The implicit racism? The sexual assualts? The documented hate crimes, dismissable because they were denounced by a prissy, lighter-skinned black assemblyman? The lack of investigation of the website that promoted pictures of hate crimes? All dismissable -- and even the fat slob of a cop looked at the obese kids with revulsion. And can I say how *tired* I am of the L&O twist of the perp-being-the-thing-he/she-fears? It solves nothing, it creates no tension, and it *justifies* hate crimes, since those former fatties/fags/whores were degnerate, from the get-go?

It was the worst episode, insight- and intelligence-wise, since the one where a pre-op MTF transsexual moved from victim to perp, and the cops couldn't be bothered to place her in protective custody, so she wouldn't be raped to death in stir.

Did I mention that BOSTON PUBLIC covered the same topic, in the same night, but from the angle of high fructose corn syrup toxicity? And, despite Denny Crane, it made more sense? Sheesh.

Dick Wolf, twist and rotate.


And as for me and my house, the best L&O is CI -- when Chris Noth and Annabella Sciorra are on.

Intelligent, unpretentious, and less stressful with the Bobby-head-bobbing-going-nutso-the-next-time-
Nicole-Wallace-says-boo! and the thing...

And Noth? He's just so dreamy -- and without the skeletors of SEX AND THE CITY, just so palatable, too.


This was a very weak episode. But I very much doubt there was any Gang-of-500-style misunderstanding and "both sides do it" equivocation going on here.

Dick Wolf is pretty liberal, and usually takes shots at the conservative establishemnt. Remember this?

The controversy centers around Wednesday's episode in which a police officer investigating a murder of a federal judge suggested putting out an all points bulletin for "somebody in a Tom DeLay T-shirt."

I seem to recall Lennie making a crack about a search for a suspect being as difficult as finding WMDs in Iraq.

L&O's ripped from the headlines episodes work best when they re-tell the story in a way that somewhat diverges from reality but, in so doing, gets at a larger truth. The best-ever example of this was the multi-part Homicide crossover about Ken Starr.

This Rove episode totally failed on that score. It was a boring rehash of what we already knew. The only details they bothered to change were irrelevant or, as Lance observes, helped to obfuscate the larger truth. (And what's more, Jack McCall/Wolcott from Deadwood looks very non-liberal to me.)

So, again, I agree that this episode was weak, but I don't see a bad motive behind it.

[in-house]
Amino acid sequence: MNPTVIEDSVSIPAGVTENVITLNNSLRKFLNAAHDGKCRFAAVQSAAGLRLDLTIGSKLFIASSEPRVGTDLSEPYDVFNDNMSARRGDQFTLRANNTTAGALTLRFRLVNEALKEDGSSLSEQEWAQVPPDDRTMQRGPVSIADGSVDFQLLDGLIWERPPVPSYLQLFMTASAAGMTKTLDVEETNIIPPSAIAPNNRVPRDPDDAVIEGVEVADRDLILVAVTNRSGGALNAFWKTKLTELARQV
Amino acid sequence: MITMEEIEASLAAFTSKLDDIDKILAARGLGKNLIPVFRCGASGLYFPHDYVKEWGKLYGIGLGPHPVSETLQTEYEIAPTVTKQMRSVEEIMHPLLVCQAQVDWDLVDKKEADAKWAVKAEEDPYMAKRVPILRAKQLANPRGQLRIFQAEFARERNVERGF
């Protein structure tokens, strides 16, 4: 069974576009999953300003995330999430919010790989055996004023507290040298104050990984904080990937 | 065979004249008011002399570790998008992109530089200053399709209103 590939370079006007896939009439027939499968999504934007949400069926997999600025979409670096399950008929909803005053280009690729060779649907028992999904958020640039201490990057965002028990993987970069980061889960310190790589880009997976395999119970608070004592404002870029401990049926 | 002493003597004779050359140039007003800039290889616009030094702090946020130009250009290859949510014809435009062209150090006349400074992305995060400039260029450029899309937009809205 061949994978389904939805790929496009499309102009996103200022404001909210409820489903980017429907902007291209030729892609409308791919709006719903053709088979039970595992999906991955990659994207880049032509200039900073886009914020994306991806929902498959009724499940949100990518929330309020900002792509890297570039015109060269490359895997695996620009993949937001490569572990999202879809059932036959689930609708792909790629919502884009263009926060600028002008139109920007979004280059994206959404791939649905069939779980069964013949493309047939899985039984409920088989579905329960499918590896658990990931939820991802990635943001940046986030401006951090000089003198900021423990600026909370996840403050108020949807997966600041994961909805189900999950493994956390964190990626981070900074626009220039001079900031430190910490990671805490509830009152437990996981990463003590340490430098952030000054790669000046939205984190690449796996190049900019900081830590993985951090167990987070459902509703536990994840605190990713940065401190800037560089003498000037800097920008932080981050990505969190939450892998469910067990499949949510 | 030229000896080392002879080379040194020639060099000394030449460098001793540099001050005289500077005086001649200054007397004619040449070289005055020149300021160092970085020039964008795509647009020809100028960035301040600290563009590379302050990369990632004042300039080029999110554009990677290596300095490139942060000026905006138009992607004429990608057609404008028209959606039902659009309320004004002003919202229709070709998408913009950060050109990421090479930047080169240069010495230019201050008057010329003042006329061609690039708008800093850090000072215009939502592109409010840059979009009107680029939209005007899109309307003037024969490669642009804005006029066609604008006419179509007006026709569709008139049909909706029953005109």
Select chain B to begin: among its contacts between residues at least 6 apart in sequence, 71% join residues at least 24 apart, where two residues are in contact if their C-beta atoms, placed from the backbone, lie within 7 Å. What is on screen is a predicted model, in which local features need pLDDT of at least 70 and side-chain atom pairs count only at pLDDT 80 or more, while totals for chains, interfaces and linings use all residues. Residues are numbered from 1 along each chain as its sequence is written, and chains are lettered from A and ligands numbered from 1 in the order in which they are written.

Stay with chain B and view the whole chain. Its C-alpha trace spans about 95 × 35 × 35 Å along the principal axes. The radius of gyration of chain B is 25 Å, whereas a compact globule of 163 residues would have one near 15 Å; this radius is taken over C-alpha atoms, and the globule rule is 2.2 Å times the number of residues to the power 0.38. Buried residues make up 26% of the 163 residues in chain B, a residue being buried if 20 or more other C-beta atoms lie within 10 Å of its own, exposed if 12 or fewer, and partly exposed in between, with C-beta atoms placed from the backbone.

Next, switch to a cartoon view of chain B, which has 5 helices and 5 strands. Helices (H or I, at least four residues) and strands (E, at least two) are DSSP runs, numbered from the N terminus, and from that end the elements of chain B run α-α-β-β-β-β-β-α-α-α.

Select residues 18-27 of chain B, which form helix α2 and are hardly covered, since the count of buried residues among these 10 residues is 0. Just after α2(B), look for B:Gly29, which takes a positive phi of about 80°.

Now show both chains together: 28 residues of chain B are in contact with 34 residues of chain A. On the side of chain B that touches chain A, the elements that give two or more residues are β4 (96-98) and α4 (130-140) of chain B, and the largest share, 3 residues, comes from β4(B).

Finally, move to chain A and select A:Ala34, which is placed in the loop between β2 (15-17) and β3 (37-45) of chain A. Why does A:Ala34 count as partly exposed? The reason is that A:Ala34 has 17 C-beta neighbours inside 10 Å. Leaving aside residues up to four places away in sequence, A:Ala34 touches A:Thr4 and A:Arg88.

Thank you.

I watched the first 20 minutes, but as the general direction became obvious, I couldn't continue. I couldn't articulate why it made me so disgusted - I have no problem with individual Democrats as villians in fiction. I tried to tell myself that they were trying to say "Hey, Republicans, this is what it would look like if the Democrats did this. Can't you see how this is treasonous now?"

But you're spot on - it was completely unnecessary to flip the situation and too easily supportive of the "they all do it" scenario. If the L&O people wanted to dramatize the Valerie Plame story, they could have changed the names or made the roles local, but there is no equivalent Democratic politician or example of Democratic politicians behaving this way.

As for Noth - YES. The first time he appeared on Criminal Intent, and Logan referred to reading the Patriot Act in the original German (!!!) I remembered what I had been missing all these years.

But what do I know - to me the best L&O was the Noth-Sorvino year. If only Abbey Carmichael had teamed up with Cerreta and Logan. She was a convincing enough Republican without being a coughFontannacough quasi-fascist bully.


Don't speak to me of Fontanna. Just. Don't.

I loved the man in CRIME STORY. That was when one could ignore Miranda and all the other nice laws that help people from being beat into confessions, guilty or not. *So* not pretty, here -- and unlike SVU or CI, he doesn't seem to muss up his hair when he explodes, like he's born to beatdown.

And Noth? This week, all decent storytelling instincts went south, so Miss Whoopi Goldberg could grandstand. It doesn't take Di Onofrio to grill a suspect so hard her wig *and* her dreads fall out -- they allowed Noth's character to fall into his weakness (family abuse), without letting him dig out enough to see he was being played. And was it too much for anyone at the precinct to notice that a full-fledged criminal gang existed *before* the cop got shot? Well, probably, yes....